Wednesday, 11 March 2020

5 Things Every Couple Should Do Before Tying the Knot

Your special someone has gotten down on one knee and presented you with the best piece of diamond jewelry a girl can get—an engagement ring. Now (assuming you said yes), it’s time to prepare for marriage!
Planning a wedding can be overwhelming and stressful, not to mention everything that comes with making sure you’re “ready for marriage.” According to the American Psychological Association, over 90 percent of people in Western cultures get married by the time they’re 50. Unfortunately, they also note that somewhere between 40 and 50 percent of marriages in the United States end in divorce.
Therefore, it’s vital to ensure that your marriage starts with the best possible foundation. It’s important to always be finding new ways of connecting with your soon-to-be spouse. This way, you’ll make the transition to married life as easily as possible. Check out these 5 things every couple should do before the “big day”:

1) Budget for an engagement ring and wedding bands




Between the engagement ring and the wedding bands, the jewelry involved in a wedding can really set you back financially. A great way to cut costs is to consider simulant diamonds by looking into lab-created diamond engagement rings that have such great clarity that they resemble a natural diamond perfectly and sparkle with brilliance to the naked eye. Agape Diamonds has a wide selection of high-quality diamond simulants that make perfect diamond engagement rings. They also have a variety of matching wedding bands. For a lower price on wedding jewelry, this is a great place to look.

2) See a therapist




If you’re living in New York — life is stressful enough, especially if you’re not in a great place emotionally. Luckily, finding a therapist in Manhattan can help with your relationship issues as well as your individual needs. The New York Therapy Group has multiple clinical psychologists with years of experience that can help you find the right therapist. Plus, they even have occupational therapists if that’s what is troubling you. Whether you’re looking for psychotherapy or a more clinical approach, you’ll find the support you need here.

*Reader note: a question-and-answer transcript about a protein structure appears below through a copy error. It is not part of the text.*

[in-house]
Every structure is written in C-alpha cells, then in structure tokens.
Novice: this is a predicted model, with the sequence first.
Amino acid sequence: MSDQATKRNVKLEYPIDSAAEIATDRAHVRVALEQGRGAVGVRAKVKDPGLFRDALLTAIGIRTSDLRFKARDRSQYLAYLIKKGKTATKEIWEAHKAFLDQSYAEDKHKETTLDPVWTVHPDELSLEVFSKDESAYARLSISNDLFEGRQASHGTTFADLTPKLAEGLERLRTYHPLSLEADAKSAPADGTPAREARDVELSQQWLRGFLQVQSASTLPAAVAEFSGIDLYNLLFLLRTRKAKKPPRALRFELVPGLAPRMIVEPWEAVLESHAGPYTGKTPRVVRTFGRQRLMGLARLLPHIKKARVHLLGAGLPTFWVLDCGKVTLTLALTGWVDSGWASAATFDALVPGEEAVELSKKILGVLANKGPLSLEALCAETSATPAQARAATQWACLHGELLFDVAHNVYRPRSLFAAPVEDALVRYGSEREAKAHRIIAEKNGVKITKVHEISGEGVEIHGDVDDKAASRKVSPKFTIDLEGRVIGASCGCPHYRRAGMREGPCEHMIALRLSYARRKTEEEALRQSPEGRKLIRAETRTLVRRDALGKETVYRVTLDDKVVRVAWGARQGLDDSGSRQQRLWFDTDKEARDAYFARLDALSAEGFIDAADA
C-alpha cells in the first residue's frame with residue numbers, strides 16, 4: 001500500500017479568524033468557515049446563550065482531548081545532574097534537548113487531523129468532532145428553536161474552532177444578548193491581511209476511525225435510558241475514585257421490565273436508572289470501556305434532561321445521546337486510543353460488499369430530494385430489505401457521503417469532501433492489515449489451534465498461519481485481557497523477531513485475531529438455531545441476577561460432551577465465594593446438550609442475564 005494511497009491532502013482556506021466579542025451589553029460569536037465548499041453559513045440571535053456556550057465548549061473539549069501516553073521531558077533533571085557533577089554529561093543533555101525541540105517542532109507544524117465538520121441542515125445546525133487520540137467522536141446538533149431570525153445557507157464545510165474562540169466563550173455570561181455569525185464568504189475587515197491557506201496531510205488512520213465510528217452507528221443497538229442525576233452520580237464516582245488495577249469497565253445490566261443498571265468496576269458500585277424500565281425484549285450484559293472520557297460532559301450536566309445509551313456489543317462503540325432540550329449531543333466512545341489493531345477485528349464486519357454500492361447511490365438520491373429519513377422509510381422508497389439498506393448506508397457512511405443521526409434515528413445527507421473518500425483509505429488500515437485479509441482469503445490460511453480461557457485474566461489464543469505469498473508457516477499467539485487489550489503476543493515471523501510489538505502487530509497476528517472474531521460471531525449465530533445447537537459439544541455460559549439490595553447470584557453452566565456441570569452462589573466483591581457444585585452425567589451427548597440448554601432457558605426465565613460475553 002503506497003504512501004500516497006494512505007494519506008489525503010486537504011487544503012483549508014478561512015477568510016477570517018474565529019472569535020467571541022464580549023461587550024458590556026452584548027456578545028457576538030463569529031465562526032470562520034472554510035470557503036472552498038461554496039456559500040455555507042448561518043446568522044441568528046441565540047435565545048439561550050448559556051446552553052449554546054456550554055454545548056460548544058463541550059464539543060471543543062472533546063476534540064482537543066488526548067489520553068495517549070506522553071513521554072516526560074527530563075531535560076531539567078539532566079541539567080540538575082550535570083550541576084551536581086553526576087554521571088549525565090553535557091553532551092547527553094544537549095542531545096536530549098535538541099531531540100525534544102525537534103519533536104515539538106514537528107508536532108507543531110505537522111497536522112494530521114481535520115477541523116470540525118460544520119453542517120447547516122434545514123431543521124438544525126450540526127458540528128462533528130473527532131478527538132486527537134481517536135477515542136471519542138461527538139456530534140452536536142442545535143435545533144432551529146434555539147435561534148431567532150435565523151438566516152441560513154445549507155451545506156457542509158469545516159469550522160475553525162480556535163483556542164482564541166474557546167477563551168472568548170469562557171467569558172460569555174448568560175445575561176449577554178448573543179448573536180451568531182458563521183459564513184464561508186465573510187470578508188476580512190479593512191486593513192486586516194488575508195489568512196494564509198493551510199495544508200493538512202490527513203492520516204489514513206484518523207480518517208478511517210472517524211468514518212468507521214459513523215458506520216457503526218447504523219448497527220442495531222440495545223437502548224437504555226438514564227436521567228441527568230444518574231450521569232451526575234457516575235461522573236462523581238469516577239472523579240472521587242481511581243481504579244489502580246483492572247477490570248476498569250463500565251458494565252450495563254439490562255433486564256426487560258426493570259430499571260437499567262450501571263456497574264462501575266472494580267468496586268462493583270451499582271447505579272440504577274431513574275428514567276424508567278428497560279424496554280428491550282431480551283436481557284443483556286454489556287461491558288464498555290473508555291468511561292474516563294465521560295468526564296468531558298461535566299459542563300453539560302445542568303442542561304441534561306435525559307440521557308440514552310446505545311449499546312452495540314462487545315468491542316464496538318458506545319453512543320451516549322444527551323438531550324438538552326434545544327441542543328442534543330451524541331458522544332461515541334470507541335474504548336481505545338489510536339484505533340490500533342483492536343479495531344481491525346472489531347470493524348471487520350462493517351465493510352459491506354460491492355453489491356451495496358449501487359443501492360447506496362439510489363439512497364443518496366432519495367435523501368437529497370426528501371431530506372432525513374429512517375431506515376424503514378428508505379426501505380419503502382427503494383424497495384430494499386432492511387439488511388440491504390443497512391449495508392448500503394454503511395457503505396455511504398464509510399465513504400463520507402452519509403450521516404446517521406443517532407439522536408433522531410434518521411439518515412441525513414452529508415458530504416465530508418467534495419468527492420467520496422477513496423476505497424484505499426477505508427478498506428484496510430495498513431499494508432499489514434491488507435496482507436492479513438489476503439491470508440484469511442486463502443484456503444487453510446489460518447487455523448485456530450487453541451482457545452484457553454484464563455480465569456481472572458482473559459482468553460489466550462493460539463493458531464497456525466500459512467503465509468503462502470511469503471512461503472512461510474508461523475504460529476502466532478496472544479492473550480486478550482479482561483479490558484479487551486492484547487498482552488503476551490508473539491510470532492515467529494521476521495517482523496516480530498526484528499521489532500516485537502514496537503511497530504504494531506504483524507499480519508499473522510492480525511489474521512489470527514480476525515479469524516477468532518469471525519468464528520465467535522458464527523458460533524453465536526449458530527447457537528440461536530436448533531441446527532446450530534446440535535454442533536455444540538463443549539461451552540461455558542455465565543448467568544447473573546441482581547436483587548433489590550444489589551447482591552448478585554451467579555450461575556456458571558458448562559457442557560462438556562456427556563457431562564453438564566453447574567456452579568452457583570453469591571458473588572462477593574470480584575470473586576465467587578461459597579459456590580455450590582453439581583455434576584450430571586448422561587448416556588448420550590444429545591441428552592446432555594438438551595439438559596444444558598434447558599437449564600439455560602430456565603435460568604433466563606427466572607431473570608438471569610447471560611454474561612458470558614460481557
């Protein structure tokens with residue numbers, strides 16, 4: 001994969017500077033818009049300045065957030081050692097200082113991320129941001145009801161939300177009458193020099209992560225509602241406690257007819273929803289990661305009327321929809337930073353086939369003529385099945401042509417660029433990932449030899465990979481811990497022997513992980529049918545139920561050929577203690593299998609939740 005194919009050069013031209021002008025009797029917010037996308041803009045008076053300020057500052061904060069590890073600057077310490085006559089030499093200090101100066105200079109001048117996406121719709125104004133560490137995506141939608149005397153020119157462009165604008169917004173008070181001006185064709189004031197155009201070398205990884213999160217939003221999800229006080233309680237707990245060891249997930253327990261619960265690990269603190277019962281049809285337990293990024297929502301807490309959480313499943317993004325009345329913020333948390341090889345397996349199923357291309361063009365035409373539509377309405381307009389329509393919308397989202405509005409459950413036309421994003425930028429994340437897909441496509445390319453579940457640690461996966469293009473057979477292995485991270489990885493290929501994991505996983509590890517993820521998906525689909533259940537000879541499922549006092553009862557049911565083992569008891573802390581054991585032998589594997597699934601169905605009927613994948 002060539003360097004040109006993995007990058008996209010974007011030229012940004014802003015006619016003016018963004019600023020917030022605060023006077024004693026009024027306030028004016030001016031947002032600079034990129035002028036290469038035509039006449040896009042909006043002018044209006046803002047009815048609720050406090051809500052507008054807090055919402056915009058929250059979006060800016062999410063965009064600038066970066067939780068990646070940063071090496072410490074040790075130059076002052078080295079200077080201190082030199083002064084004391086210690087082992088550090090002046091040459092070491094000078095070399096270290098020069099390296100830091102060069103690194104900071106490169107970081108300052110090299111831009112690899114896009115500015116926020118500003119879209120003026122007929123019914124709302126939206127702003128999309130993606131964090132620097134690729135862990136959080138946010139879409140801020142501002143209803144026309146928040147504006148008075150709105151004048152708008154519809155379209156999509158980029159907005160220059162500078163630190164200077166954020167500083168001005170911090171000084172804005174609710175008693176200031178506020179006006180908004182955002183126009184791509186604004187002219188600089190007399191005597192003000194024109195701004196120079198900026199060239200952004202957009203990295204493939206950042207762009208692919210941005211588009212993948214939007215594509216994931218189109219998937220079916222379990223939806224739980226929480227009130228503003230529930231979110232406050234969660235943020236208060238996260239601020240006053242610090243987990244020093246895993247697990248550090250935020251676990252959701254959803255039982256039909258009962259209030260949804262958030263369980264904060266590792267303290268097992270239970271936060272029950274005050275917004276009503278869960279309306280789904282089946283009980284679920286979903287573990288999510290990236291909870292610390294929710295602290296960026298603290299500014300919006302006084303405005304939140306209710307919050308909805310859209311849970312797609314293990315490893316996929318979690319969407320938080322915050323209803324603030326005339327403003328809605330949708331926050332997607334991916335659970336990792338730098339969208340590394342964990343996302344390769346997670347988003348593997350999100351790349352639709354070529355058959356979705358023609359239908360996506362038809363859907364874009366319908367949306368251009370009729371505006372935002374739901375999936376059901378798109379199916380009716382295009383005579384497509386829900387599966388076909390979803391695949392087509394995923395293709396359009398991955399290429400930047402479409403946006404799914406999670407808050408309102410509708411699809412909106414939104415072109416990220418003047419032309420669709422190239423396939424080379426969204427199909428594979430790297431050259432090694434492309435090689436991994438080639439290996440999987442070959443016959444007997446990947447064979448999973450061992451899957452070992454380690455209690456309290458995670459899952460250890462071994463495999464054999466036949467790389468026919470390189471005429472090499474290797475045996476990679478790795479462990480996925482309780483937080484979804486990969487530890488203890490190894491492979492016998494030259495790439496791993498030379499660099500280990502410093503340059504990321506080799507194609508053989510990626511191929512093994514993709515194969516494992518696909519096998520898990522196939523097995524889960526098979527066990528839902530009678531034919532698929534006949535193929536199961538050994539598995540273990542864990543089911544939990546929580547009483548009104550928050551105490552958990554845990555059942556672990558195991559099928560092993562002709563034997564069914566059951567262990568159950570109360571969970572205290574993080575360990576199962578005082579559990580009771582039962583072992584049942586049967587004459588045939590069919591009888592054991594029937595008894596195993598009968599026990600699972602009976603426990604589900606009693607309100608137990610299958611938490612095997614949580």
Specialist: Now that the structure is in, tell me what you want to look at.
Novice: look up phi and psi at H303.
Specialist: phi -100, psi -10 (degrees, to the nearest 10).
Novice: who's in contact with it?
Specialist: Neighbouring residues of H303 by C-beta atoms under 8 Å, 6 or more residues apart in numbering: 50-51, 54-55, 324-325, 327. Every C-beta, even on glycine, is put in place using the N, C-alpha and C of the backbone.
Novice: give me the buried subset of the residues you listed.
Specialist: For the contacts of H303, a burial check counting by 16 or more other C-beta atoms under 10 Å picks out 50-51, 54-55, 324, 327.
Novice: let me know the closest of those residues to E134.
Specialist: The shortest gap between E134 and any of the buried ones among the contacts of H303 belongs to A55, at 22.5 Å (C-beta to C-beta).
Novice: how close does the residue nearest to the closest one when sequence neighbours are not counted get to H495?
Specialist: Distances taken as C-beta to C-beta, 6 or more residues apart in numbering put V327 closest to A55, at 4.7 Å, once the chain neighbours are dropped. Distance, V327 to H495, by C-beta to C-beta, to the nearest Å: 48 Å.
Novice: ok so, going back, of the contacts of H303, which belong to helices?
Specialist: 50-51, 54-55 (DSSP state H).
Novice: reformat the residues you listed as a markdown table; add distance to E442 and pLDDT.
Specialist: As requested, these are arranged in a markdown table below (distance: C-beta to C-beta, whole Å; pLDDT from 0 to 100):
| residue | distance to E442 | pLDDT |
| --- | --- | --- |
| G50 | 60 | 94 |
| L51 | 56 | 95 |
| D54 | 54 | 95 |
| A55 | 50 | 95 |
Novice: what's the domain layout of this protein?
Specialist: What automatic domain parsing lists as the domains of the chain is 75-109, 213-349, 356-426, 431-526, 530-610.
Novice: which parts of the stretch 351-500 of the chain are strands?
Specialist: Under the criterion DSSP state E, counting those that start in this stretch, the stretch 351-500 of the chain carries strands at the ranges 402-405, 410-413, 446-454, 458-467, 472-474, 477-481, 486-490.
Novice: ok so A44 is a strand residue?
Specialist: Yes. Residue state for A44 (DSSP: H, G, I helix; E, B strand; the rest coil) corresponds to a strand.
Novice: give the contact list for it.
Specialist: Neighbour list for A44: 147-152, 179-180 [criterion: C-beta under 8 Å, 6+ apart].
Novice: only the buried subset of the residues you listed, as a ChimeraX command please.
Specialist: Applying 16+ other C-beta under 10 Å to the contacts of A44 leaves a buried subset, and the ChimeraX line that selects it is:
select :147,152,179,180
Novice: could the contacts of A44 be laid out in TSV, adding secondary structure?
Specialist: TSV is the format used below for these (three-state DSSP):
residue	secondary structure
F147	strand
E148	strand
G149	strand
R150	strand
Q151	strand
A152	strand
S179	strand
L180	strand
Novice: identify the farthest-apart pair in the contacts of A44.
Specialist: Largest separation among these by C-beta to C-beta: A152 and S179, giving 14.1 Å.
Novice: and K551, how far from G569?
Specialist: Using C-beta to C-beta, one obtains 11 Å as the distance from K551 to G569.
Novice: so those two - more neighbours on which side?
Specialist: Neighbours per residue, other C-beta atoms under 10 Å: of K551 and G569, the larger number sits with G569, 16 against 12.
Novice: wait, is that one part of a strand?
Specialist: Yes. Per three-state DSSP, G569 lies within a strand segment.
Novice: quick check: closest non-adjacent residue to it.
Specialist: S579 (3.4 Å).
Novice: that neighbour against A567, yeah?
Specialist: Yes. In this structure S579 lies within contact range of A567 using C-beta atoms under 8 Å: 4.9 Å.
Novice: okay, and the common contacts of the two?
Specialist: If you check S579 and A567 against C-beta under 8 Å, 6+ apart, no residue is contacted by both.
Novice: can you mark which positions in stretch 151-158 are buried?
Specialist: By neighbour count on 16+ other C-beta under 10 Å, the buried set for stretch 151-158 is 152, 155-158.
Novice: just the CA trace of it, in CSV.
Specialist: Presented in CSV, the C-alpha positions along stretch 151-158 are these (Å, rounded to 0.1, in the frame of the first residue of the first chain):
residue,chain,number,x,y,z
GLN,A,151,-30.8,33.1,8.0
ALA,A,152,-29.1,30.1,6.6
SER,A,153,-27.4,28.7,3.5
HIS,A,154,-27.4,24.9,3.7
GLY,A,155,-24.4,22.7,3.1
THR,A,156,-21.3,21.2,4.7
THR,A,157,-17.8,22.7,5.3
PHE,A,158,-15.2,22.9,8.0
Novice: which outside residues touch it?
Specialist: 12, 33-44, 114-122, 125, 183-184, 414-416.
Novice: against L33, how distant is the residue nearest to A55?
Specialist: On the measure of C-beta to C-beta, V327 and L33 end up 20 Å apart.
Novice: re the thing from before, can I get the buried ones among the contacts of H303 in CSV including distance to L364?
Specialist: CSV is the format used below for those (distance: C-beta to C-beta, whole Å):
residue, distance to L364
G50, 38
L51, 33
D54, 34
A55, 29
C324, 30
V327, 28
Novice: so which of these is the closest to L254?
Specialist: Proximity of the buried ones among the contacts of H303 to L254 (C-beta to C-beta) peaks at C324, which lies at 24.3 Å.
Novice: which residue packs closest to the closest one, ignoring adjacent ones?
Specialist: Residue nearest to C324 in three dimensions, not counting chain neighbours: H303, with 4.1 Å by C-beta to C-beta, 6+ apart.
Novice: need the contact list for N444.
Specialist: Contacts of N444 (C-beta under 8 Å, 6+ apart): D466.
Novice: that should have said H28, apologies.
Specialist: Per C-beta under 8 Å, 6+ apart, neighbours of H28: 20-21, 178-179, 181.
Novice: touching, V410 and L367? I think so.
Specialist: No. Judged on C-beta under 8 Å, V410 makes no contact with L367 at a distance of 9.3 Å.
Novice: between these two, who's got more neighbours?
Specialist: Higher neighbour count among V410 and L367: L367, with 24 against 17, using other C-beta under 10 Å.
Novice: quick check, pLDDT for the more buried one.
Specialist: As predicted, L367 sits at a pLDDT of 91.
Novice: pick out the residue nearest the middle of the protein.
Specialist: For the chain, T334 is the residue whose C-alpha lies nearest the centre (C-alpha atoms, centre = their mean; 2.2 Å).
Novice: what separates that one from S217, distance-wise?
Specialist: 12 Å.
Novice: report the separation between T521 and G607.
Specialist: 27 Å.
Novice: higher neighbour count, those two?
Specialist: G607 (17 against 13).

Bonus tip: Consider seeking premarital couples counseling as well. According to the American Psychological Association, premarital counseling helps couples work on their communication skills by discussing issues before they arise within their new marriage. The best part? A 2003 survey showed a 30 percent increase in marriage satisfaction after receiving premarital counseling compared to couples who had not.

3) Learn how to fight productively



A recent article published in Business Insider seems to show that sex and money are very common arguments in marriage. According to Dr. Rachel Sussman, a relationship expert and marriage counselor in New York (who was interviewed for the article), it is very common in romantic relationships for one person to be “the spender” and the other person to be “the saver,” which can cause conflicts. Dr. Sussman also notes that when a couple gets married, a common financial problem is the decision on whether to combine finances.
When it comes to sex, Sussman has seen couples argue over too little sex AND too much sex. Both observations tend to display that a huge part of making a marriage work is going to be the ability to argue in such a way that you and your partner see a positive change. For example, being able to compromise on finances and making enough time for sex AND time together.

4) Plan ways to keep the spark alive (in AND out of the bedroom)



When you’re first in a relationship, there's a lot of excitement and, generally, a lot of sex. But over time, we tend to get comfortable with someone and that “spark” dims a bit.
This CAN be a positive change, though, according to Dr. Chris Kraft (director of clinical services at the Sex and Gender Clinic at Johns Hopkins Medicine) in an article she wrote for Johns Hopkins Medicine. We don’t HAVE to give up a great sex life just because we get married. She says that the “key” to getting past sexual “roadblocks” is to increase intimacy and put in the effort to spend time together (with and without sex).
She also suggests things like:
· Communicating our needs to our partner
· Doing things that make us “feel sexy”
· Scheduling “date nights”
· “Taking charge” of sexual situations

5) Make sure your values and life goals line up



While we will never agree with our spouse about everything, our values and life goals should be close enough to reduce conflict and maintain relationship satisfaction. This way, both people can be equally happy with equal amounts of compromise. If values don’t line up well enough, often, it leads to resentment and unhappiness that even professionals cannot fix.


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